[extropy-chat] Doomsday argument

Robin Hanson rhanson at gmu.edu
Mon Oct 16 03:22:05 UTC 2006

At 11:10 PM 10/15/2006, Lee Corbin wrote:
> >>"What would it be like for me if I were a bat" is, as you know, a 
> bad question.
> >>Likewise, we can't "find ourselves" as you write, in the 14th 
> century (unless
> >>someone had... simulations or hidden societies going on back then).
> >
> > I don't agree that it matters what your identity is or whether it 
> holds constant.
> > The issue is what beliefs are appropriate given the *info* available in a
> > situation.   That could include info, or lack of info, about any 
> aspect of your
> > identity [!], as well as info about anything else.    So it can 
> make sense to ask
> > what you should believe if you had the info a bat has, or what you should
> > believe if you had the info that people had in the 14th century.
>Yes, I could conceivably have the info that a bat has at a certain time
>and place. But I could not *be* a bat. That is, "I" could not have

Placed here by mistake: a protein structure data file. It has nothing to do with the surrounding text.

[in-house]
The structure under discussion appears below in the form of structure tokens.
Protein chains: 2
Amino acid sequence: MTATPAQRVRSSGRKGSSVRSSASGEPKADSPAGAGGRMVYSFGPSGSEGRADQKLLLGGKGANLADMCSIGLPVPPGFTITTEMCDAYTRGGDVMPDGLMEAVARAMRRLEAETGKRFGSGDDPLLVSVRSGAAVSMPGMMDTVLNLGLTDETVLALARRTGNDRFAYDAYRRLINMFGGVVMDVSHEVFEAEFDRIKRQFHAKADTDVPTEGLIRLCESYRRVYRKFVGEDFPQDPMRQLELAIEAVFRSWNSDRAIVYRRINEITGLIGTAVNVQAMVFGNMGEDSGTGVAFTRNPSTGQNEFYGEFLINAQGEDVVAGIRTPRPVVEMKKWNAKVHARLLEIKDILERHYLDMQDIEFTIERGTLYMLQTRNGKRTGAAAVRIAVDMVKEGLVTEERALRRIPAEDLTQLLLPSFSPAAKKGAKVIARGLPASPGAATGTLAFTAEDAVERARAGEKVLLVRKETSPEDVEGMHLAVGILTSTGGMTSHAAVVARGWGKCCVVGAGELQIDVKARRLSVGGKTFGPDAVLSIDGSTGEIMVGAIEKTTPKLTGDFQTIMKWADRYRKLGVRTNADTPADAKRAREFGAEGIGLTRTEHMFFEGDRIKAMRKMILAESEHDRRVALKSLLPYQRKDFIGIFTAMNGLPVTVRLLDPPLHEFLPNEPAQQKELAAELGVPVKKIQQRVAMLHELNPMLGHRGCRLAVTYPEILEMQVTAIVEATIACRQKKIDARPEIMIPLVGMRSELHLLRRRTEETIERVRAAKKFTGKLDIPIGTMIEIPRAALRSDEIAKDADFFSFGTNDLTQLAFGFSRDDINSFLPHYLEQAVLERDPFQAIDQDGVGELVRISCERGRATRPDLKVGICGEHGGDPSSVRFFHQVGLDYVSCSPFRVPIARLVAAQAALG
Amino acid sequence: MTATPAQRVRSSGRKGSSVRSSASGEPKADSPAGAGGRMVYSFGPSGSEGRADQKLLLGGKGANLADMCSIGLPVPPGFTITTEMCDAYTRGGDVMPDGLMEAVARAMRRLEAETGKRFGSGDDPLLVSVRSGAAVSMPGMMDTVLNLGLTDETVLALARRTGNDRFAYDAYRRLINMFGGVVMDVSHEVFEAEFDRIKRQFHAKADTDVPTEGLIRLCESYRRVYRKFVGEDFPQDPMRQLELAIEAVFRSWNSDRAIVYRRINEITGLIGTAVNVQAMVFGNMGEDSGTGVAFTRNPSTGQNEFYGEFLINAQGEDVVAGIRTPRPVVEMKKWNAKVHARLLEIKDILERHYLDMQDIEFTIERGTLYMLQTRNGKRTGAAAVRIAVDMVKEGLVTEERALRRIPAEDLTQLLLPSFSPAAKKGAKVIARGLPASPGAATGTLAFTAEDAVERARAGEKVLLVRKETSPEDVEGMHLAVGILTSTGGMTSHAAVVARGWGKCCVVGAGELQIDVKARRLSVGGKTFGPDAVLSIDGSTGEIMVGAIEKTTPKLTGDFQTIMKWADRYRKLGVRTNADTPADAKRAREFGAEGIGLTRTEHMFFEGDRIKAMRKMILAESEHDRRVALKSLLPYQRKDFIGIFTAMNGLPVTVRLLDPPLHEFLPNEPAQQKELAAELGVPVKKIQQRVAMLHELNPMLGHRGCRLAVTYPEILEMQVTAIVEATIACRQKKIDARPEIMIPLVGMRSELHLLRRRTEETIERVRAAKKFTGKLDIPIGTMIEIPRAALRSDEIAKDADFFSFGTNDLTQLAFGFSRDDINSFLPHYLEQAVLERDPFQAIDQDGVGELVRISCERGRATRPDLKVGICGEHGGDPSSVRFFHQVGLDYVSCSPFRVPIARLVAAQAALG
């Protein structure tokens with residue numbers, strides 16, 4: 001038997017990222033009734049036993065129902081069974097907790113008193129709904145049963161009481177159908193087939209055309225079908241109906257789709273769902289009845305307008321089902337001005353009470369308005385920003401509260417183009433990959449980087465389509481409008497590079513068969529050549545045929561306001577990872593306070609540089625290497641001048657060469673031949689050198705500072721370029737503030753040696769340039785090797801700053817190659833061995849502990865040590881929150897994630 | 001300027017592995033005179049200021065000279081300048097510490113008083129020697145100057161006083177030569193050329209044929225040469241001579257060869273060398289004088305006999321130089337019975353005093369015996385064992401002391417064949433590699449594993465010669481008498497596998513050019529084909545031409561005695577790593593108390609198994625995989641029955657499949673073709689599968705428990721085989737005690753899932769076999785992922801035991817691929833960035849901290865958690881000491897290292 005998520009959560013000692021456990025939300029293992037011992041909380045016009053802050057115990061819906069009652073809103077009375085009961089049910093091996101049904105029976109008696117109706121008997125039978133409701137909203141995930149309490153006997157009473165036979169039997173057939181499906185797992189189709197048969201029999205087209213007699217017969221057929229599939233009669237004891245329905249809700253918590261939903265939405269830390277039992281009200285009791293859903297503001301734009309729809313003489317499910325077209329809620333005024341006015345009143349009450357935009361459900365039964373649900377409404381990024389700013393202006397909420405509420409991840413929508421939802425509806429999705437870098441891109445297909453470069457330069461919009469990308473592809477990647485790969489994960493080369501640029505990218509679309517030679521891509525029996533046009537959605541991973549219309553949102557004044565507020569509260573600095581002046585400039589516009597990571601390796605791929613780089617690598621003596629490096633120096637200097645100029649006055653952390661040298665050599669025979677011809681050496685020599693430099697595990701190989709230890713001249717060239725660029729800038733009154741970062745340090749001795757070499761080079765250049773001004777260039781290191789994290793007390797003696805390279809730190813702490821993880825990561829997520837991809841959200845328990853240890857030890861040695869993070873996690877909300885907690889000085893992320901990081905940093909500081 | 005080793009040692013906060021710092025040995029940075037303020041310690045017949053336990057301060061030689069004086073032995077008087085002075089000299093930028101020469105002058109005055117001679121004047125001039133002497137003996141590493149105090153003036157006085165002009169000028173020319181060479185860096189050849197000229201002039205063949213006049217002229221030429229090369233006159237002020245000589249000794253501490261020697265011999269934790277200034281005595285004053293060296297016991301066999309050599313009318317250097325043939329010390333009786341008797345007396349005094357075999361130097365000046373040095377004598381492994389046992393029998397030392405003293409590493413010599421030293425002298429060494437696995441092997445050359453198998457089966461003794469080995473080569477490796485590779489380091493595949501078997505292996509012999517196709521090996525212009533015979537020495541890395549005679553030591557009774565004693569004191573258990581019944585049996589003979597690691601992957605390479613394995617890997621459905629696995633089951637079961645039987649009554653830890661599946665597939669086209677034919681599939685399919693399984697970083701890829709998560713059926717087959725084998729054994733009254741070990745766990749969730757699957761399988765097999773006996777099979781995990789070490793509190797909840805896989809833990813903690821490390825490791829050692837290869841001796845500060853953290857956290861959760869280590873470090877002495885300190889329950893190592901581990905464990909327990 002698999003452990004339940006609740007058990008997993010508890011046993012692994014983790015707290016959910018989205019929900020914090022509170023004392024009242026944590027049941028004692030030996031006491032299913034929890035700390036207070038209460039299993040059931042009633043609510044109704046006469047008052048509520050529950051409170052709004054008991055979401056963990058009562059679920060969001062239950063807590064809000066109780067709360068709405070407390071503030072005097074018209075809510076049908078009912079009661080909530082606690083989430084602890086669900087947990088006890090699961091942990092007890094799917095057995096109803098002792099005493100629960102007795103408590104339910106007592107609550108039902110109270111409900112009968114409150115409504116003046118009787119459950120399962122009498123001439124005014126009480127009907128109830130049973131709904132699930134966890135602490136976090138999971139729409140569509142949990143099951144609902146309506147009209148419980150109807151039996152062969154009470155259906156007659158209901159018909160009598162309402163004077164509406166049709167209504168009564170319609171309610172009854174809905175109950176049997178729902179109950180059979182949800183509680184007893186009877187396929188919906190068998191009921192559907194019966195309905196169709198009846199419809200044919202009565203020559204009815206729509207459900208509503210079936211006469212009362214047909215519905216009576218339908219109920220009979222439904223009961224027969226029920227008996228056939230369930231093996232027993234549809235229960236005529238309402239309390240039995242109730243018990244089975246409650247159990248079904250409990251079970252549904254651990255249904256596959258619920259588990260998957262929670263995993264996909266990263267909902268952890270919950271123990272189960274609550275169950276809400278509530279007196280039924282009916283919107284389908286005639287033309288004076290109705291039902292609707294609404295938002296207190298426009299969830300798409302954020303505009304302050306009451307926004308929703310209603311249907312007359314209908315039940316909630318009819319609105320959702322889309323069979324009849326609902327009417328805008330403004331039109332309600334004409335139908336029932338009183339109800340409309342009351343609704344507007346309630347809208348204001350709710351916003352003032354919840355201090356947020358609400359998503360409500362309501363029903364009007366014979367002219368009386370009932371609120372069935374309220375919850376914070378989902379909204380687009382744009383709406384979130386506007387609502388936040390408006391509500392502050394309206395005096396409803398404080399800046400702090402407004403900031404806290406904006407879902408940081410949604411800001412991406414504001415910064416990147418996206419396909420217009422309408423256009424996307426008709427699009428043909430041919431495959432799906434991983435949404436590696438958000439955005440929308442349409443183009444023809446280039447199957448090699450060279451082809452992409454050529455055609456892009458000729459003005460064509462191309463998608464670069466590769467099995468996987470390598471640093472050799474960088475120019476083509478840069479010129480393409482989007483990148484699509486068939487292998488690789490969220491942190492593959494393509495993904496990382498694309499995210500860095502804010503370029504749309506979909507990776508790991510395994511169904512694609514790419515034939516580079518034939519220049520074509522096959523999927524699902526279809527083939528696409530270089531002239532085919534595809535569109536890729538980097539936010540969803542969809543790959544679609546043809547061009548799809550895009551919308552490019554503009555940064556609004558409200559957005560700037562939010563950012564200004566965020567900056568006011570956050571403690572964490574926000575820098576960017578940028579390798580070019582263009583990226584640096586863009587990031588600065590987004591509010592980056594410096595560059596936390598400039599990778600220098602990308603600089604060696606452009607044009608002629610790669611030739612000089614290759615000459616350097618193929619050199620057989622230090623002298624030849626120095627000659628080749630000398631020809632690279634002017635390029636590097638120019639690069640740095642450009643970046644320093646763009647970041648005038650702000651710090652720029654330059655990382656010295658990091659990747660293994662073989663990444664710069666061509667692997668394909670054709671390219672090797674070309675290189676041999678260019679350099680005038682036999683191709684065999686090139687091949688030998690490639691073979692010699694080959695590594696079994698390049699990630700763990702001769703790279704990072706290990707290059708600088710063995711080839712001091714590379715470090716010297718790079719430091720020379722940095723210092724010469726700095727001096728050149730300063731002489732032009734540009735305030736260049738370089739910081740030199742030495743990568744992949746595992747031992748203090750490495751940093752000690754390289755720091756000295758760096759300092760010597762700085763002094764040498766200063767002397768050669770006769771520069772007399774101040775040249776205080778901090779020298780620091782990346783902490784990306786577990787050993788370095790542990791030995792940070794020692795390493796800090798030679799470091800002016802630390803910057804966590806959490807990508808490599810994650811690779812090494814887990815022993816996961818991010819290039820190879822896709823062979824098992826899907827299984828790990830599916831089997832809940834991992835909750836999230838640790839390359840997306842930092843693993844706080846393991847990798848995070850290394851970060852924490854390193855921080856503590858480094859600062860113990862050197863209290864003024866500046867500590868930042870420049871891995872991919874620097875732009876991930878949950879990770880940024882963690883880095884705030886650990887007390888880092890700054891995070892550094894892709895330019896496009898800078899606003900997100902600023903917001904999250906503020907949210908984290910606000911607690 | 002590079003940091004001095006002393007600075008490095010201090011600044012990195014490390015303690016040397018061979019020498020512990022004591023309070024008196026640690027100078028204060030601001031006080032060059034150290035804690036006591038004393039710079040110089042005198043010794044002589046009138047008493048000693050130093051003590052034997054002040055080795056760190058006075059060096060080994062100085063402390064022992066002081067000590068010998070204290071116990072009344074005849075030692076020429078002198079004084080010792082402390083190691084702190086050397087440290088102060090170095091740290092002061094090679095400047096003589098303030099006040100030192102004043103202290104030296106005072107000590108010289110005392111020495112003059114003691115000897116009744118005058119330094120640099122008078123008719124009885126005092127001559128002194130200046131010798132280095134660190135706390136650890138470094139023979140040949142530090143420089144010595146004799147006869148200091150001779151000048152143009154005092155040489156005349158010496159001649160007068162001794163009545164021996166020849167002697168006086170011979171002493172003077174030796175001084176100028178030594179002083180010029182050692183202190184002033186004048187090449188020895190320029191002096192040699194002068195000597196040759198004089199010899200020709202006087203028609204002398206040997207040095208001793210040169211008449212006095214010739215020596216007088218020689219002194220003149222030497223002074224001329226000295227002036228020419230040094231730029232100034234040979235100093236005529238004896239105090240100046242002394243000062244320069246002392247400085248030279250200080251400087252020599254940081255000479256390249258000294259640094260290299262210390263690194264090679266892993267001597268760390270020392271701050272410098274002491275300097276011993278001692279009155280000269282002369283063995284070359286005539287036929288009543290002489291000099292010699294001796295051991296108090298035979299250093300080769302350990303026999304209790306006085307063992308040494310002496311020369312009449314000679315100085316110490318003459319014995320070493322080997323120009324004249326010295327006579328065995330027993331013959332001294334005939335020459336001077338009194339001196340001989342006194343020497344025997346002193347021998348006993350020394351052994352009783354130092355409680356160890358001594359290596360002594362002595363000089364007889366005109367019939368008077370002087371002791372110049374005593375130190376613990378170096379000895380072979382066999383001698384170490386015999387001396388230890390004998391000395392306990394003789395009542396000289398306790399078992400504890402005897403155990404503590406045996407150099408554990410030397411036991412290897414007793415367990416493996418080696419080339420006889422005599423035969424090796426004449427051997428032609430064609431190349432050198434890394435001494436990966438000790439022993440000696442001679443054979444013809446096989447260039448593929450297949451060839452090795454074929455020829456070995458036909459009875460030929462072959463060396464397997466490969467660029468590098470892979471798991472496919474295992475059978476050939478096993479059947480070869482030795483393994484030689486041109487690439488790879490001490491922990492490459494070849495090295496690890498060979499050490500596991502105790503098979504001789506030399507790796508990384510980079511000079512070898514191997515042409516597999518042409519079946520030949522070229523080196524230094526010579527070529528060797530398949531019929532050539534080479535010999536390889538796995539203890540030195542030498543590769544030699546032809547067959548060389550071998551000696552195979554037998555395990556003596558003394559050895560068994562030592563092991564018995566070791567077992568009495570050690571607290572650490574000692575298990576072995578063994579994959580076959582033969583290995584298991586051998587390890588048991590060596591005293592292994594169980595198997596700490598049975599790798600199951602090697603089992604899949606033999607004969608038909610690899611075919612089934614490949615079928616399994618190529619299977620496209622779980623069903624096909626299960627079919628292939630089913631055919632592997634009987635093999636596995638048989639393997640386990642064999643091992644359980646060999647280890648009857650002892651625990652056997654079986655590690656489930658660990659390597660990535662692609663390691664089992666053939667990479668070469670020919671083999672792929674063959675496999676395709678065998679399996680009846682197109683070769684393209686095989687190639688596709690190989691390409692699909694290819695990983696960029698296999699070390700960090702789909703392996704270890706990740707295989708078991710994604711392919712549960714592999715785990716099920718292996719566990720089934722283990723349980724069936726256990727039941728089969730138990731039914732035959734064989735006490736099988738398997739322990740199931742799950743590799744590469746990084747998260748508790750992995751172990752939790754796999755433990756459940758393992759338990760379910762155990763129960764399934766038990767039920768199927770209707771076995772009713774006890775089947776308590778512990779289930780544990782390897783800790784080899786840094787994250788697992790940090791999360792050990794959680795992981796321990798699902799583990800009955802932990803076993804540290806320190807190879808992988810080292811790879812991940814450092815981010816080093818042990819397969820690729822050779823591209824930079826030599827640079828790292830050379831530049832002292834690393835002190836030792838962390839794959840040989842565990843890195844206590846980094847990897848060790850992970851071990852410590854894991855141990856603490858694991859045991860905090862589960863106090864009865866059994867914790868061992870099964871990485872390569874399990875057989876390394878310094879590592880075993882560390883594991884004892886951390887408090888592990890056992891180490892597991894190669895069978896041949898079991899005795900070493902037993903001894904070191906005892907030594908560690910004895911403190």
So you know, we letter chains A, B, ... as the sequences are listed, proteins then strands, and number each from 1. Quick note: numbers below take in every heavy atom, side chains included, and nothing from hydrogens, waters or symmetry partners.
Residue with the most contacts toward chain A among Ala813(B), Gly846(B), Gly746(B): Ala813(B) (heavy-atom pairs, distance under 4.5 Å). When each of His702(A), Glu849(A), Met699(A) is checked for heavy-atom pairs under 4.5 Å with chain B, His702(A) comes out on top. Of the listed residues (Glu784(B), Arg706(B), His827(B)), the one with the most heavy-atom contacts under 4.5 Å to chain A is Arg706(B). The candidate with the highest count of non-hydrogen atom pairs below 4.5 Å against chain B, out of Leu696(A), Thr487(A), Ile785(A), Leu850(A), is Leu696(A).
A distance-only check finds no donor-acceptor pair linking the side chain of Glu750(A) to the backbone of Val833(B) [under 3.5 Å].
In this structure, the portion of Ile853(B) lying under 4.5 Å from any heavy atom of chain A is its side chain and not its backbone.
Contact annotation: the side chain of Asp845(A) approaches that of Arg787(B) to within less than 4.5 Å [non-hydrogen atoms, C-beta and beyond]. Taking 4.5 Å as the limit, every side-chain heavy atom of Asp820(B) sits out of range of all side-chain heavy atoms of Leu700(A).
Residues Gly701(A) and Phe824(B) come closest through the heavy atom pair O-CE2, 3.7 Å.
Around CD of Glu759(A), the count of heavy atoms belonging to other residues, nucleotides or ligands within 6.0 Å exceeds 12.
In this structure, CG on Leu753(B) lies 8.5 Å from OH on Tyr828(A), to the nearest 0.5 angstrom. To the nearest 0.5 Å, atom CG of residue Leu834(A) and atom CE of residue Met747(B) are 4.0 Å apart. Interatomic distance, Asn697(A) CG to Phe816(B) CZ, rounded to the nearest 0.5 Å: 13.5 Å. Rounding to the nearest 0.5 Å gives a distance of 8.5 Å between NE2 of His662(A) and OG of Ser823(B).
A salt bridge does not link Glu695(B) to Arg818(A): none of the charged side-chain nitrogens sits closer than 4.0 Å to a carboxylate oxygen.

>different info---contrary to what you write above---concerning the
>critical factors of my identity, the things that make me who I am.

The fact that you cannot be other than who you are does not at all imply
that you cannot be uncertain about who you are.   You can even be uncertain
about critical factors of your identity.   If is even possible to imagine that
you are uncertain about whether you are a human or a bat.

>The Doomsday Argument asks about chances of *being* an individual
>living over certain periods, and the point here is that almost all historical
>periods are inadmissable because you can't be anyone else.

It seems to me that one can imagine being uncertain about what historical
period one lives in.    Given such uncertainty, we can ask what reasonable
beliefs are about that.

Robin Hanson  rhanson at gmu.edu  http://hanson.gmu.edu
Associate Professor of Economics, George Mason University
MSN 1D3, Carow Hall, Fairfax VA 22030-4444
703-993-2326  FAX: 703-993-2323 

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